“Let us go to Upper Fishpool,” said V-, “it is barely a mile over the ridge."

Accordingly to Upper Fishpool we went; and after a most toilsome walk of twenty minutes we found ourselves on the shore again. A few hundred yards off was the yacht, evidently making in our direction. Her boat, which was already lowered, she had in tow.

Almost the first person we saw on the beach was a lady who was walking about with some appearance of anxiety, as though waiting for

The same thought struck us both it was the mother.

some one.

THE YACHT AND ITS NEWS.

431

“ I am

“Had we not better say something to her ?” said Vinclined to fear that the child may be drowned, from what they told us at Lower Fishpool; and if not she must be half drowned.”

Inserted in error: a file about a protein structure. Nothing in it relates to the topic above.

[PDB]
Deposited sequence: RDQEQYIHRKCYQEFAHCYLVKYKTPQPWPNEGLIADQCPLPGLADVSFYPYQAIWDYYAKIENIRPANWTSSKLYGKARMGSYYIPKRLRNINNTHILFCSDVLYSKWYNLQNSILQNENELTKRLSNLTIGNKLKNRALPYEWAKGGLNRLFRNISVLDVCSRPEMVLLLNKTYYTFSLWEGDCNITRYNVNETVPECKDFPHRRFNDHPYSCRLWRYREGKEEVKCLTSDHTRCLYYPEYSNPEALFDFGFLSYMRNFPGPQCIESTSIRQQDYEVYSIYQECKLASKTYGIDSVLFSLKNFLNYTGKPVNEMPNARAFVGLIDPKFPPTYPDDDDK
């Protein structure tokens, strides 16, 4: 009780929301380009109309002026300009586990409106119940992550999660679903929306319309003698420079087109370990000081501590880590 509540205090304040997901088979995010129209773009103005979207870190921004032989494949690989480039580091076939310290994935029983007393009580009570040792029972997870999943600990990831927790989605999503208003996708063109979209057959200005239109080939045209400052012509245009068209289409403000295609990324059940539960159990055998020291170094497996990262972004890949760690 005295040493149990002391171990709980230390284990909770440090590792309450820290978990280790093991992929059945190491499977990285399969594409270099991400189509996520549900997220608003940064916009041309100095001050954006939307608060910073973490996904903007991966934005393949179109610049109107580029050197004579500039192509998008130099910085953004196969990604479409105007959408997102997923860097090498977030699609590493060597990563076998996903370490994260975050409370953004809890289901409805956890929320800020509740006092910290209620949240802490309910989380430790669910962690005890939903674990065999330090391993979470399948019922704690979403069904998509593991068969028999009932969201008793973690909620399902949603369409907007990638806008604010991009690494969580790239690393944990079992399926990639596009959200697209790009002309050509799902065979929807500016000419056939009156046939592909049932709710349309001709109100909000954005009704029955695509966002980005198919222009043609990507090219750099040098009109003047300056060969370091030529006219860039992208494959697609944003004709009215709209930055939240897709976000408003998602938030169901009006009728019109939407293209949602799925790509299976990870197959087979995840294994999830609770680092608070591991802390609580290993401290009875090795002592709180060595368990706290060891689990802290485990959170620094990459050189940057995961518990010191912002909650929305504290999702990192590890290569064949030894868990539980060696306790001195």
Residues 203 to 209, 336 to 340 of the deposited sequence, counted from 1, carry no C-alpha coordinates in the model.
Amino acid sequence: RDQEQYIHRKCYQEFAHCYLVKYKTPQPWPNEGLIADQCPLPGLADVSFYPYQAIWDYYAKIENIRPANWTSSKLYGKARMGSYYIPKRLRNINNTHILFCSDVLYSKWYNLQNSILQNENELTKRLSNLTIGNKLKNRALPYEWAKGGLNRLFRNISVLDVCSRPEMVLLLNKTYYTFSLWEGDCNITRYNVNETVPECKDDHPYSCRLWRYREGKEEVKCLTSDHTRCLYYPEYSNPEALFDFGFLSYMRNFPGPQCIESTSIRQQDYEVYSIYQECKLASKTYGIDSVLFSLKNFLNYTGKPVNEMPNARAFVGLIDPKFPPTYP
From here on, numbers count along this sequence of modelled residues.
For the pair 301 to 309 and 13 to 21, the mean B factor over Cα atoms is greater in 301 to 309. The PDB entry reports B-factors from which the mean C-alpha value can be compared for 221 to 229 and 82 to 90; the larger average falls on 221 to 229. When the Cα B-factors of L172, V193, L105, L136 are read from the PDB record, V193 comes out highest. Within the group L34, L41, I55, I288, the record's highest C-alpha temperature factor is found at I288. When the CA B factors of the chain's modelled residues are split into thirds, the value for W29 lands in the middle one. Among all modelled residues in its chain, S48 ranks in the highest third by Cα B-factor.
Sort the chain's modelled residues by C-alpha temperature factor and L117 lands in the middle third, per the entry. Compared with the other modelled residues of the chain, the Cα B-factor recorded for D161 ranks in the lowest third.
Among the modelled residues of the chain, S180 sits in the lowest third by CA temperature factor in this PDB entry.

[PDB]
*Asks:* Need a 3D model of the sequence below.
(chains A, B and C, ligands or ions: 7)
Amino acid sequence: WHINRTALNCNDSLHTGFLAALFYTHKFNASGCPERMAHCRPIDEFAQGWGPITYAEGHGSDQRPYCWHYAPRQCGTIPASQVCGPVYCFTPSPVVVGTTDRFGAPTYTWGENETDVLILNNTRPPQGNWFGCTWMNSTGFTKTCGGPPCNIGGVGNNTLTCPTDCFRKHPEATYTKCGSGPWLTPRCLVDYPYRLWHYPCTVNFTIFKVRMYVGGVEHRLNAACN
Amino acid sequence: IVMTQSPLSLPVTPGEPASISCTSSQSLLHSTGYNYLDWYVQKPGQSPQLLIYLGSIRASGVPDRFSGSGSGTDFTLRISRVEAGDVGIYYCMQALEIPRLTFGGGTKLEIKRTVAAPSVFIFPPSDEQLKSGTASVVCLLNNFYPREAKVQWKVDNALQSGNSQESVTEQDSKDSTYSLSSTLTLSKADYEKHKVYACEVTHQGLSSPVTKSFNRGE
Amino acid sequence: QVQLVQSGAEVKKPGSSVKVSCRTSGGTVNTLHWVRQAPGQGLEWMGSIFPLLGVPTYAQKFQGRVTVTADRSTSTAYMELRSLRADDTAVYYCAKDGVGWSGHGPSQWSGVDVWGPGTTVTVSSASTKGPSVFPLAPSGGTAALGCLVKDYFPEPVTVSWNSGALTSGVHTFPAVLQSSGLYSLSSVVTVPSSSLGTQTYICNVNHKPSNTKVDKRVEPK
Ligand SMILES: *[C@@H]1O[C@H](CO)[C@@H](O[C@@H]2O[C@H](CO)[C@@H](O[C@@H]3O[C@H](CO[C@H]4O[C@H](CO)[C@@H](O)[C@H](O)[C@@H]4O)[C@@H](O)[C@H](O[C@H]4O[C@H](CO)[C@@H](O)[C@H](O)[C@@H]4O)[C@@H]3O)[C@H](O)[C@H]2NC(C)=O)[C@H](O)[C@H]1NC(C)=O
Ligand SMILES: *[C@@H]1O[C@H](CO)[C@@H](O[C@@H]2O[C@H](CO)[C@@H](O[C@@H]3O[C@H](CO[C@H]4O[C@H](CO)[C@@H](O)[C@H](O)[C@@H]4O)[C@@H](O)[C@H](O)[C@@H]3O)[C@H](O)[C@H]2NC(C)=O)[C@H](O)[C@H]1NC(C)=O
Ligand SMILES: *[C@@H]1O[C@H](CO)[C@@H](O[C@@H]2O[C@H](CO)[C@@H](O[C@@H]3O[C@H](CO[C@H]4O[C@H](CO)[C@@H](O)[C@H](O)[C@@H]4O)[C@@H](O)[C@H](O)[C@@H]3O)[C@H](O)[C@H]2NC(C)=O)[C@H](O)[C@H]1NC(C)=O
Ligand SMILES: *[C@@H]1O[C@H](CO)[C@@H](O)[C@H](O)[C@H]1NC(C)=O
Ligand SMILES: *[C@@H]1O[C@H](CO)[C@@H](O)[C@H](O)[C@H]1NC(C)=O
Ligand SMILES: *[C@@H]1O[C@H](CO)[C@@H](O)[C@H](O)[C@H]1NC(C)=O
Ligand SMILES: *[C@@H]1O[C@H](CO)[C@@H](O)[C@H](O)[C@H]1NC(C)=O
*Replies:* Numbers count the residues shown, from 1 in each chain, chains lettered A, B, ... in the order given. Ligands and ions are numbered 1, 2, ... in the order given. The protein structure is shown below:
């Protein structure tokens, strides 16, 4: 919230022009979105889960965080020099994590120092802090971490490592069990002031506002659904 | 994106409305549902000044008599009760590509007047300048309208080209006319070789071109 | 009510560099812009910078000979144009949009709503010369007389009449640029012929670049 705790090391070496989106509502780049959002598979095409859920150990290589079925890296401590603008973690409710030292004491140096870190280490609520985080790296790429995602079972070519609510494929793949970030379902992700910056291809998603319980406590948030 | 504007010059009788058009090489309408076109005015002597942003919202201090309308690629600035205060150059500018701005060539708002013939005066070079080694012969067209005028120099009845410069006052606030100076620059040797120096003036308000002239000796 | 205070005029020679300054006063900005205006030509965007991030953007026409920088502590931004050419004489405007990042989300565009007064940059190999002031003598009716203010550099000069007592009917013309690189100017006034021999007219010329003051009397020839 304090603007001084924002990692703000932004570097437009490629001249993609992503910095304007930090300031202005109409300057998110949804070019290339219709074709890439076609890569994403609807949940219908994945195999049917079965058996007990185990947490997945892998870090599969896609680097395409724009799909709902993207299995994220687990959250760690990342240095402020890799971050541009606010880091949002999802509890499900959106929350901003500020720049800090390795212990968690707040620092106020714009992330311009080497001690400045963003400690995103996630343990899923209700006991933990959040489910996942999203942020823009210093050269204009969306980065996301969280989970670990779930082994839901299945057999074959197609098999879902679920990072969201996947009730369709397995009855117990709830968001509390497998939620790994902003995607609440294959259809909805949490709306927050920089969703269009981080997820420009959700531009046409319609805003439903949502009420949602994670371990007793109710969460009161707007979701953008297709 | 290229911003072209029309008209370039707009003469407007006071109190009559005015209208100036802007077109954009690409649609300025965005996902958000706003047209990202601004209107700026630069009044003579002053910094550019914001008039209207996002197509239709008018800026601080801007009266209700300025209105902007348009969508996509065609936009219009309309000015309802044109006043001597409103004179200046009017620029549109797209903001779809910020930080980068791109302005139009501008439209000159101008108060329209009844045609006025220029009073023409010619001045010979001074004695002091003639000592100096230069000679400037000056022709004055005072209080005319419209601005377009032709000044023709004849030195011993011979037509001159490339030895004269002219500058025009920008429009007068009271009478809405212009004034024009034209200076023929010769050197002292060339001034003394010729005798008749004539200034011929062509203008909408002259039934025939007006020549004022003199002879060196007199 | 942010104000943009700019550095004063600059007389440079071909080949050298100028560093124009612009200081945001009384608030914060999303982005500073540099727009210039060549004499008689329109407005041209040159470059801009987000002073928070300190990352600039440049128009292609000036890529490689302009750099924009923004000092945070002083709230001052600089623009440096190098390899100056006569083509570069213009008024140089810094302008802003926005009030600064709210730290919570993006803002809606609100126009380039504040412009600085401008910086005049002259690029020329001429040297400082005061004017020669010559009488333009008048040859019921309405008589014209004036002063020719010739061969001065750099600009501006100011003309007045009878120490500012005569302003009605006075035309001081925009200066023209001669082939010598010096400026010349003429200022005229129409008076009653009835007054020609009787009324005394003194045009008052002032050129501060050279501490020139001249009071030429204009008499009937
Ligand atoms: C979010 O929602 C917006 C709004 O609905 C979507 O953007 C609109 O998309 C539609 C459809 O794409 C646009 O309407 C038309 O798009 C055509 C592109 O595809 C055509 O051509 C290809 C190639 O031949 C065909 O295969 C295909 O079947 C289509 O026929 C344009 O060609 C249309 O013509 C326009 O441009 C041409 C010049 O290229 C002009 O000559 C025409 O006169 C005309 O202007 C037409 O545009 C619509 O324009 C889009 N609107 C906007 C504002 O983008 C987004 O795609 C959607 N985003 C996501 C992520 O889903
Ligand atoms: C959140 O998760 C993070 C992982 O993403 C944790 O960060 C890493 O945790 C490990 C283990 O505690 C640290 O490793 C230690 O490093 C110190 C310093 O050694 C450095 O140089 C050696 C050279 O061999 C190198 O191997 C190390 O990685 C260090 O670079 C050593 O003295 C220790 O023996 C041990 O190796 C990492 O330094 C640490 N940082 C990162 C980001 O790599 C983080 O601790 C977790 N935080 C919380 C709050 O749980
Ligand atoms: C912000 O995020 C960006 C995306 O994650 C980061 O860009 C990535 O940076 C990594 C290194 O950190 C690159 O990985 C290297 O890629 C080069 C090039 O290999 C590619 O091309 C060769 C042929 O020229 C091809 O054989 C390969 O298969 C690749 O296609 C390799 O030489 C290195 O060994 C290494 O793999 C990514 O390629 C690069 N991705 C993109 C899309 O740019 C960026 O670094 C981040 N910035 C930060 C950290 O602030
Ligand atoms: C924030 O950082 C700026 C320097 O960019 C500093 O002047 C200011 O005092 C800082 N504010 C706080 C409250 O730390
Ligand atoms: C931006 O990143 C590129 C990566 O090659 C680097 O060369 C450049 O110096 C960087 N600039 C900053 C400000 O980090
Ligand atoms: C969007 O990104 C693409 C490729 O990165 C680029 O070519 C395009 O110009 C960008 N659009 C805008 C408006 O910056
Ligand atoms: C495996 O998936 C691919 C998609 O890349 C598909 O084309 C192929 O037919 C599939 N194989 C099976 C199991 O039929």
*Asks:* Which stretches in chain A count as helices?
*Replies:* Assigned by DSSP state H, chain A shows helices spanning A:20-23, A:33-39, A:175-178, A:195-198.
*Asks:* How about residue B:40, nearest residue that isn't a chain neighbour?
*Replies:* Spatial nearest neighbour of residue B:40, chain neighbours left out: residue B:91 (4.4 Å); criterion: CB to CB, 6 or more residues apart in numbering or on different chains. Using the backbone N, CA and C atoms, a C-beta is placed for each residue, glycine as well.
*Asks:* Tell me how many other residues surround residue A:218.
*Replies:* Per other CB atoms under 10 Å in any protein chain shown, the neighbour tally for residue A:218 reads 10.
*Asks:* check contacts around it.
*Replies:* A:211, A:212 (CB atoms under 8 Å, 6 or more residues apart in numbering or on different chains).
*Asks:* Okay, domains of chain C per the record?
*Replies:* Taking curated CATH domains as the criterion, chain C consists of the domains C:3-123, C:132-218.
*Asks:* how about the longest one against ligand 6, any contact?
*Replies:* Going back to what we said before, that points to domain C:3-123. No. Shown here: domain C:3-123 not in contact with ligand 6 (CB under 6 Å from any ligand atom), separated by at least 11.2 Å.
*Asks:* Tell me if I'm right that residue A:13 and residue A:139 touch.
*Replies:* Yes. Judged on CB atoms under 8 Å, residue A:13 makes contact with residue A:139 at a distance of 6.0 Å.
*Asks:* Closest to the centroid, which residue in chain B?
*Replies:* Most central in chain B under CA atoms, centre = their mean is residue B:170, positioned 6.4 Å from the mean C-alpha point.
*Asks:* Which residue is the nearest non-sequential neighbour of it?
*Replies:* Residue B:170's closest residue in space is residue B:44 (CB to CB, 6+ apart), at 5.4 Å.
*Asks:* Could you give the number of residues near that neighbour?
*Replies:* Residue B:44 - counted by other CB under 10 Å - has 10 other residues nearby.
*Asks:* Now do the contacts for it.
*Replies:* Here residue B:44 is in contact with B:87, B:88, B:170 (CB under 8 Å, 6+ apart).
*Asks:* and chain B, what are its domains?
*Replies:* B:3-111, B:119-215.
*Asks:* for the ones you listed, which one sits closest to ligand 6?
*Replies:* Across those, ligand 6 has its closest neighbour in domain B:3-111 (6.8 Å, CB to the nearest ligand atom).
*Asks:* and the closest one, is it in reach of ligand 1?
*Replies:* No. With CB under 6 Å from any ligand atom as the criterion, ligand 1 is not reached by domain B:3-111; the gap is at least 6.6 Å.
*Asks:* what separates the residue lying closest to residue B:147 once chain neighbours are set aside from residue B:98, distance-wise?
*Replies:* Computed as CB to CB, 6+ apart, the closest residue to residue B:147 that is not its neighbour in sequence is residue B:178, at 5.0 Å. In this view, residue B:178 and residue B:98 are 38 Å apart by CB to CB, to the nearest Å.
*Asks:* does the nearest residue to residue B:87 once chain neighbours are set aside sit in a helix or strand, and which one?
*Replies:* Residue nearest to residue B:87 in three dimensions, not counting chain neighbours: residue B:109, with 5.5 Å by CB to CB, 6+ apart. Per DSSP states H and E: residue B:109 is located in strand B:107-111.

"Do you speak,” said V-, as we approached.

I walked forward and bowed. “You are waiting for your daughter, I believe, ma'am," I said.

“Yes,” she replied anxiously; "why do you ask ?”

“Because,” I said, “though I am not absolutely the bearer of bad news, I think I ought to tell you that an accident has happened, and that even if your child is—is not that is if she should be --"

“Let me intreat you, ma’am,” broke in V-, who saw what a wretched hash I was making of it, “not to alarm yourself unnecessarily, but to remember that we are in the hands of God, and that whatever happens is for the best.”

“ Gentlemen," cried the unfortunate lady, “what is the meaning of this ? Pray do not keep me in this dreadful suspense.”